Jack, in his Air Force days, standing next to a patch he designed. Jack served with the United States Air Force from August 1957 until November of 1962. He joined the United States Coast Guard on 26 September 1963, and served as a search and rescue pilot until his death on the 9th of June 1968. Photo provided by the Rittichier family.
"Greater love hath no man than this, that a man lay down his life for a friend". The words from St. John 15:13 echoed true on the 9th of June, 1968, when the crew of an HH-3E, the Jolly Green 23, was killed in action. On 09 June 1968, 37 miles west of Hue, a Marine Corps fighter pilot, 1st Lt. Walter Roy Schmidt, Jr., lay on the ground with a broken arm and leg. His further misfortune was parachuting into a North Vietnamese army bivouacking area. The enemy used him for bait to lure the Jolly Green Giant rescue helicopter within killing range. Air strikes pounded the site round the survivor. The first helicopter made three attempts to reach the Marine before breaking off to refuel.
USCG Lt. Jack Columbus Rittichier dove his aircraft in for the pickup. Heavy fire forced him off. He swung around to let the gunships clean the terrain and followed them in. As he hovered over the pilot, bullets punched his aircraft, and it began to burn. He pulled away, but the Jolly Green Giant would not rise. The helicopter settled to the ground and exploded. Within 30 seconds, a ball of fire consumed the aircraft, leaving only ashes where moments ago there had been life. Four men perished, including USAF Capt. Richard Carolinus Yeend, Jr. (co-pilot), USAF SSgt. Elmer Larry Holden (flight engineer), and USAF Sgt. James Douglas Locker (Pararescueman). Schmidt still remains unaccounted for. Lt. Rittichier was one of seven Coast Guardsmen killed in Vietnam, the last of them to return home. He died for the proudest Coast Guard mission of all -- saving lives.
Lt. Rittichier was no stranger to heroism. In November of 1966, Rittichier led a rescue mission in dangerous, wintry conditions, which saved the lives of all crew members aboard the West German Motor Vessel Nordmeer, which had run aground in Thunder Bay Island Shoal, Lake Huron; he was awarded the Air Medal for his heroic actions. Within three weeks of his arrival in Vietnam [in 1968], Rittichier flew through heavy enemy fire to save four Army fliers; for this he earned the Distinguished Flying Cross. A couple of weeks later, under the faint light of illumination flares, he pulled nine men from the side of a mountain, five of whom were badly wounded.
In addition to the Air Medal by Presidential Presentation and the Distinguished Flying Cross, Lt. Rittichier was also awarded the Distinguished Flying Cross (First Oak Leaf Cluster), the Air Medal (First Oak Leaf Cluster), the Distinguished Flying Cross (Second Oak Leaf Cluster), the Air Medal (Second and Third Oak Leaf Cluster), the Silver Star, and the Purple Heart. All awards, save the Air Medal, were awarded posthumously. In 2003, Rittichier was also awarded the "Honored Veterans Award" by the Vietnam Veterans World Wide [online] committee. [also see Special Order (G-2123), Special Order (G-3134), Special Order (G-3637), Special Order (G-299), and a copy of a letter sent to Lt. Rittichier regarding his being awarded the Air Medal.]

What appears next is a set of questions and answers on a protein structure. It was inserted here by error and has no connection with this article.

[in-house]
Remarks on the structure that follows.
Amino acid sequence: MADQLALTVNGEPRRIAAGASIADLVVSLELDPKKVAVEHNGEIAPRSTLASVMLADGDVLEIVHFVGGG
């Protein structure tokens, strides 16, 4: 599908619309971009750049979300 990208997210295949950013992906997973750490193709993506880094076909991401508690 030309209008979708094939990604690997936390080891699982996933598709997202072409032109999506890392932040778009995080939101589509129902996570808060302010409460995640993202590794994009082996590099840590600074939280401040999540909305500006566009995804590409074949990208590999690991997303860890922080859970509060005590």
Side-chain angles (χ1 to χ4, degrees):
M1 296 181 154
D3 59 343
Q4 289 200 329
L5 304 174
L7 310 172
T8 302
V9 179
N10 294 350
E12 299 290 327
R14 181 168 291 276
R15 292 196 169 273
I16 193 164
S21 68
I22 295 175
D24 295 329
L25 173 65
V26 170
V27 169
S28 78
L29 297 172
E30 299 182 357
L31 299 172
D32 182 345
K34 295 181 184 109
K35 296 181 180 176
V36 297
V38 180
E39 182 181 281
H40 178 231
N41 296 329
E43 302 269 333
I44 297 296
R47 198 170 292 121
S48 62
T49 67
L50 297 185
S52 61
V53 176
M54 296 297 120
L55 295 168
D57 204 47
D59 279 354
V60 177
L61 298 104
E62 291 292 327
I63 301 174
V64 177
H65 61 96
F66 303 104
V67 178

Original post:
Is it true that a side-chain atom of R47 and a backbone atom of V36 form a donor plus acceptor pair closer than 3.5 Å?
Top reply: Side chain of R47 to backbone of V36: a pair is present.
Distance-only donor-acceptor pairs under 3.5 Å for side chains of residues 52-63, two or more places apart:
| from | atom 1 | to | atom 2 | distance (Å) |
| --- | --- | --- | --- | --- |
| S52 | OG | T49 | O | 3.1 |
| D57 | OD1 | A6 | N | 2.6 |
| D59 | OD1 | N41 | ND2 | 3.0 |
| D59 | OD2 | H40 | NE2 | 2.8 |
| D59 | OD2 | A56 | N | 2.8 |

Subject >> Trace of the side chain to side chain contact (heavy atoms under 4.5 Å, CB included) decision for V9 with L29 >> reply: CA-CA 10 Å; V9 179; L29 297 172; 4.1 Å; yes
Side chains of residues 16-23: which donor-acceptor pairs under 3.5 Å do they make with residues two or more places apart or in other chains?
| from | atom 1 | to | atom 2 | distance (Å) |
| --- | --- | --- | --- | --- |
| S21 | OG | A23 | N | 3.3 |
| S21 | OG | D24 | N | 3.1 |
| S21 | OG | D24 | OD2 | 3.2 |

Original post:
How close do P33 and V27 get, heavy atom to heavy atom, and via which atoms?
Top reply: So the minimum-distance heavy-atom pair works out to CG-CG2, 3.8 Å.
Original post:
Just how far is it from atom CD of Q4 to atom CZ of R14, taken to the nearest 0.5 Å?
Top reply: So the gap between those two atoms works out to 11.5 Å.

The military never gave up on trying to locate the crash site and its crew; however, it was not until 09 November 2002 that the crash site of the Jolly Green 23 was finally located. On 17 January 2003, excavation began on the site, and on 14 February 2003, the remains of the four crew members were repatriated. Positive identification was made in August of 2003, and Jack was buried with full military honors on 06 October 2003 in a portion of Arlington National Cemetery known as Coast Guard Hill. I had the honor of being in attendance and afterwards presenting my POW bracelet to Jack's brother, Dave. The bracelet was flattened and placed into a shadow box along with the flag from Jack's coffin, Jack's medals, lieutenant bars, and a plaque. Similar shadow boxes were presented to younger brother Henry [Rittichier] and Carol (Rittichier) Wypick, Jack's widow. [You can view the funeral iteneraries for Andrews Air Force Base, Fort Meyer Chapel, Arlington National Cemetery, and the Reception]
Dave and Maggie as well as John and Carol wish to express their gratitude to those who have cared all these years and helped made Jack's homecoming possible. I myself want to thank them for sharing photos and stories, for allowing me to take part in Jack's homecoming, for their friendship, and for them continuing to be a part of my life all these years later. I also wish to express my gratitude to the United States Coast Guard's Historian Department for replying to my simple e-mail request for info on Lt. Rittichier with a package that contained virtually all the information contained in this section, as well as an 8*10 photo of Lt. Rittichier and Lt. Cmdr. Lonnie Mixon. Last, but not least, my deepest appreciation to the United States Coast Guard and the United States Air Force for their continuing efforts to locate Jack, and the fine tributes they paid to him ... and to the various reporters who covered the various phases of the search for and return of Rittichier.
The 09 May 2004 episode of 'War Stories with Oliver North' covered the United States Coast Guard from its inception in 1790 until present. It was an excellent program all around, but I was particularly pleased -- and moved -- by the coverage of Jack. Jack's brother, Dave, was interviewed for the show, and there were many photos of Jack (a few I've not seen before), an audio clip of Jack recounting a rescue mission (I have all of those recordings on CD), and video clips from Jack's homecoming. Thank you, Colonel North and FoxNews, for not only recognizing Jack, but for paying tribute to all the men and women who have been a part of this wonderful military branch throughout its 200+ year history.